OCTA enhances diagnosis of NV and IRMA but clinicians should keep in mind that these lesions may be missed if they fall outside the imaged region of the retina. Widefield angiography has been demonstrated to have excellent sensitivity for detecting NV due to the larger field of view.4 OCTA generally shows NVE as an irregular mass of vessels with positive flow above the ILM (Figure 5), whereas IRMA shows positive flow within the inner retina.


Advances in retinal imaging are providing invaluable insights into proliferative diabetic eye disease. A multimodal approach (including retinal photography, ultra-widefield imaging, OCT imaging and dilated fundus examination) results in earlier diagnosis as well as more timely systemic interventions. In the case of severe NPDR and PDR, earlier referral to an ophthalmologist for treatment provides our patients with the best chance of maintaining good vision.

Figure 4. OCT angiography (montage) demonstrates areas of reduced capillary perfusion (yellow arrows), most marked in the retinal midperiphery, IRMA (blue arrows) and early NVE (white arrow).

Paula Katalinic BOptom, MOptom, GradCertOcTher is the Lead Clinician (Diabetes and Vascular Disease) at Centre for Eye Health Australia (CFEH). Ms Katalinic’s interest in the early diagnosis of ocular diseases, imaging and diabetic retinopathy began early in her career when she worked with the Joslin Diabetes Centre’s Beetham Eye Institute in Boston. Upon her return to Australia, she worked as a staff optometrist at UNSW and concurrently took on the role of Professional Services Manager at Optometry NSW/ ACT, a position she still holds today. Ms Katalinic joined CFEH at its inception in 2009 and during this time has had a strong focus on the provision of both clinical services and education while also being involved in clinical research. She has been invited to speak at conferences in Australia, New Zealand and the United States.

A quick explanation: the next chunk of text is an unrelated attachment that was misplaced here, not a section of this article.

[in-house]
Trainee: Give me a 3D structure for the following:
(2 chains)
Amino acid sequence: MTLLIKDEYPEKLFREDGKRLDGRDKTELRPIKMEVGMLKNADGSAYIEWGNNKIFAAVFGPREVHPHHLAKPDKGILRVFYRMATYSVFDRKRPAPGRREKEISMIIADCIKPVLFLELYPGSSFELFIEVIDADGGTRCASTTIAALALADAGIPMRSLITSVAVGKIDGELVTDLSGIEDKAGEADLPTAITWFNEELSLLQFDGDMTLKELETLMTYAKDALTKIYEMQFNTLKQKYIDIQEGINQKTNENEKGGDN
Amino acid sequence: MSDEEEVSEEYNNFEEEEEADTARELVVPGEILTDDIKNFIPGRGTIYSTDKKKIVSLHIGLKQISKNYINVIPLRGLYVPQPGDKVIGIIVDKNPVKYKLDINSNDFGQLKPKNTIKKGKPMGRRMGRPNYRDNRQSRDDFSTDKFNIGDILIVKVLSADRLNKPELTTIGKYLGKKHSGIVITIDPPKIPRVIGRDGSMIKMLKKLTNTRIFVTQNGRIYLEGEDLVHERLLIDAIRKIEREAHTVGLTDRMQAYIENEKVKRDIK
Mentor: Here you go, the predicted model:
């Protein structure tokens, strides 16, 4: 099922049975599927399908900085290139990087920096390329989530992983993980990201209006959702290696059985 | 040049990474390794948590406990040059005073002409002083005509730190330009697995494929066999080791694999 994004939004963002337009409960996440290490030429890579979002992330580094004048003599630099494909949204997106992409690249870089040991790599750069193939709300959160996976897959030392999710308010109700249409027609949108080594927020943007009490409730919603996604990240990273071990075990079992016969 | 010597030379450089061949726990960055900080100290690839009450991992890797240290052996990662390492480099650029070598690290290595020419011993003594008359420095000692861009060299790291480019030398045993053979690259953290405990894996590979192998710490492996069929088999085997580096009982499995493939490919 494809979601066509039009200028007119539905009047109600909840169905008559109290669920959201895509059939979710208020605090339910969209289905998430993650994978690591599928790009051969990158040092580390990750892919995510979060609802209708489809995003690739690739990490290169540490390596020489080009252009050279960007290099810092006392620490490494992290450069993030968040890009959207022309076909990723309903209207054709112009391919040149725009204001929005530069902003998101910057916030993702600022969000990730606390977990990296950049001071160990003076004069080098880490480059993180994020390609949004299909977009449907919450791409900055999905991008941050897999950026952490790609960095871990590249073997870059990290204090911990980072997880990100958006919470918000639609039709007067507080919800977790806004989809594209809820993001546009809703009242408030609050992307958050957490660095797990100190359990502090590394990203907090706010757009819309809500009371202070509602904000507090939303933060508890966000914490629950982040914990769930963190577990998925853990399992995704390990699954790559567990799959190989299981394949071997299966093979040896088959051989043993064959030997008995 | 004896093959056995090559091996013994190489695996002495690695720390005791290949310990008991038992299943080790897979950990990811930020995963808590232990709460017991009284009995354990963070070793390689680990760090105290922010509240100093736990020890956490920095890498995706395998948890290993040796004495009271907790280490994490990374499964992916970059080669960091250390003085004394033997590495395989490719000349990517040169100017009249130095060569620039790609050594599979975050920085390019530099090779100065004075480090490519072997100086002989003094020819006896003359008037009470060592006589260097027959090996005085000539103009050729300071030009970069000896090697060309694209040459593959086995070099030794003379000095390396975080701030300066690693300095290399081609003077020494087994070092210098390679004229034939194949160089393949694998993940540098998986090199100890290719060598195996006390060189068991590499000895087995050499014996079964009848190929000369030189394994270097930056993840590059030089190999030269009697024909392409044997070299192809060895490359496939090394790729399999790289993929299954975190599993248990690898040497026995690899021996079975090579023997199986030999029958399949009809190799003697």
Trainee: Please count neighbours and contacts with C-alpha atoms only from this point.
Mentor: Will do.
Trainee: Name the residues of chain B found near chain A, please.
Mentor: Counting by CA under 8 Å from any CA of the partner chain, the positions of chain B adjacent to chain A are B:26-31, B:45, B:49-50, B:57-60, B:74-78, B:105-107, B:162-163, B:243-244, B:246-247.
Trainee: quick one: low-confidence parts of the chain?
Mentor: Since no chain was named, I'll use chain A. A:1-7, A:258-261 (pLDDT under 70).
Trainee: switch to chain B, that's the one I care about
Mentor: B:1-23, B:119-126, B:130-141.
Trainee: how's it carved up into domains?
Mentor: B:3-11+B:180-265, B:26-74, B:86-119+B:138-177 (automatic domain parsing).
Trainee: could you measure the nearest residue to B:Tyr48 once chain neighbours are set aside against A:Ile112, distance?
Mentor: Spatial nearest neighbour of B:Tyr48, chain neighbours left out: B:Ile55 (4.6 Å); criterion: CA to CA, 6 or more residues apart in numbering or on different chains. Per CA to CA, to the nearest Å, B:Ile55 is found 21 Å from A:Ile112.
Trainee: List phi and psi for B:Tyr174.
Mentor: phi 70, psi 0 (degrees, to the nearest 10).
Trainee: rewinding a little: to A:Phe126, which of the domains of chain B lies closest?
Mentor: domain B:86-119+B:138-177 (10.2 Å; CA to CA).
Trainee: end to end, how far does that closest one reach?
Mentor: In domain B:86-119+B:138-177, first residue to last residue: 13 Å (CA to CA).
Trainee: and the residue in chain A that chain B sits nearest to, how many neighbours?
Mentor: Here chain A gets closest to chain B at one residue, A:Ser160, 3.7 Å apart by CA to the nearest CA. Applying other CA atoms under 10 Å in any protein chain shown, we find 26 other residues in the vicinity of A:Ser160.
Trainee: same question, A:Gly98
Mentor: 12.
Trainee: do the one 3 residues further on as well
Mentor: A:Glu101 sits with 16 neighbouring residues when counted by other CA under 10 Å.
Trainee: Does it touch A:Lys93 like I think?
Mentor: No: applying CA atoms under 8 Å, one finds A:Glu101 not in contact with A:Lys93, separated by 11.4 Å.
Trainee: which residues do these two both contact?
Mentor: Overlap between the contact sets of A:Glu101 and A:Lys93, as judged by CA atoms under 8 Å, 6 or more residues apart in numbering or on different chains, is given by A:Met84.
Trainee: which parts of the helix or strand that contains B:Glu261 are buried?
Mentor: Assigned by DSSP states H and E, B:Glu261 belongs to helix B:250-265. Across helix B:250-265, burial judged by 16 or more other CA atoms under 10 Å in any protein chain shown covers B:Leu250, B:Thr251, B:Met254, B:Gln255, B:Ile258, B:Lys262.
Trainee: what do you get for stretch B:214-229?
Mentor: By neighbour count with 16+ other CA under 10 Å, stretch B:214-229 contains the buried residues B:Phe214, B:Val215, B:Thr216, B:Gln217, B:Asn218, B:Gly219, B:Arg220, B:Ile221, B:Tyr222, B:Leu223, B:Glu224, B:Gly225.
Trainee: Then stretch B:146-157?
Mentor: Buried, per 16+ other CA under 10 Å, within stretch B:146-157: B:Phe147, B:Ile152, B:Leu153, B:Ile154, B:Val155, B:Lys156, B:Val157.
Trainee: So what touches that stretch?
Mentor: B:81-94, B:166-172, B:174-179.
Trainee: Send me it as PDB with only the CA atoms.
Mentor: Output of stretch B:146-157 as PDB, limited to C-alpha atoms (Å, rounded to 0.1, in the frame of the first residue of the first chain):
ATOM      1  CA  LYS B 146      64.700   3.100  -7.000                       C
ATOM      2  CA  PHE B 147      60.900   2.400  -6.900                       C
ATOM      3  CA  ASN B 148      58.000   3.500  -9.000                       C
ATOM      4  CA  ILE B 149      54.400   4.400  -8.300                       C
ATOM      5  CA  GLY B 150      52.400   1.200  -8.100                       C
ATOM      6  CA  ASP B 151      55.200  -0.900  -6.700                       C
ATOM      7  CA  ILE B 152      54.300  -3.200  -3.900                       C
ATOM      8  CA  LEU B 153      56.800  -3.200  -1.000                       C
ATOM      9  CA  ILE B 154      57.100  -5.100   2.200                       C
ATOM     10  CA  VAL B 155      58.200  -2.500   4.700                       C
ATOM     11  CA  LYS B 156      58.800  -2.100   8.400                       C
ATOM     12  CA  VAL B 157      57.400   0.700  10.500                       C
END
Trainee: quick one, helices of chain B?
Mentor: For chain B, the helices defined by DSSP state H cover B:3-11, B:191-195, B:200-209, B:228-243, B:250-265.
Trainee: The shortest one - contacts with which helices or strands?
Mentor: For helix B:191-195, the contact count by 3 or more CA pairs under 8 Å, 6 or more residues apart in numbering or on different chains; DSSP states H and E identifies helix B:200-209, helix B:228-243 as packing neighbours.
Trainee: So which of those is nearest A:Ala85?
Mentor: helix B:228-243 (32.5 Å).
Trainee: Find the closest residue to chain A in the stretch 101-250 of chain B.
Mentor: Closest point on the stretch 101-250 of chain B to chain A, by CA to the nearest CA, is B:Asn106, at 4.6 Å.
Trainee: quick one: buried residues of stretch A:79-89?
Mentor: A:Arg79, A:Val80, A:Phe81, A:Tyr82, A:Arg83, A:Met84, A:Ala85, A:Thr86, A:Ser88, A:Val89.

Figure 5a. Left retinal photo of a 40-year-old male with type 2 diabetes and suspected NVD.


  1. Lee R, Wong TY et. al. Epidemiology of diabetic retinopathy, diabetic macular edema and related vision loss. Eye Vis (Lond) 2015 Sep 30;2:17.doi: 10.1186/s40662- 015-0026-2. eCollection 2015. 
  2. Silva PS, Cavallerano JD, Haddad NMN, et al. Peripheral lesions identified on ultrawide field imaging predict increased risk of diabetic retinopathy progression over 4 years. Ophthalmology. 2015;122:949–956. 
  3. Talks SJ, Manjunath V, Steel DHW,et al. New vessels detected on wide-field imaging compared to two-field and seven-field imaging: implications for diabetic retinopathy screening image analysis. Br J Ophthalmol 2015;99:1606–1609. 
  4. Solomon SD et al. American Diabetes Association Position Statement on Diabetic Retinopathy (2017). Diabetes Care 2017 Mar; 40(3): 412-418. 
  5. Vaz-Pereira et al. Optical coherence tomography features of neovascularization in proliferative diabetic retinopathy: a systematic review. Int J Retin Vitr (2020) 6:26 Photo source: CFEH Atlas.

Figure 5b. OCT angiography vitreous slab demonstrates the sea-fan morphology
of the neovascular network overlying the left optic disc.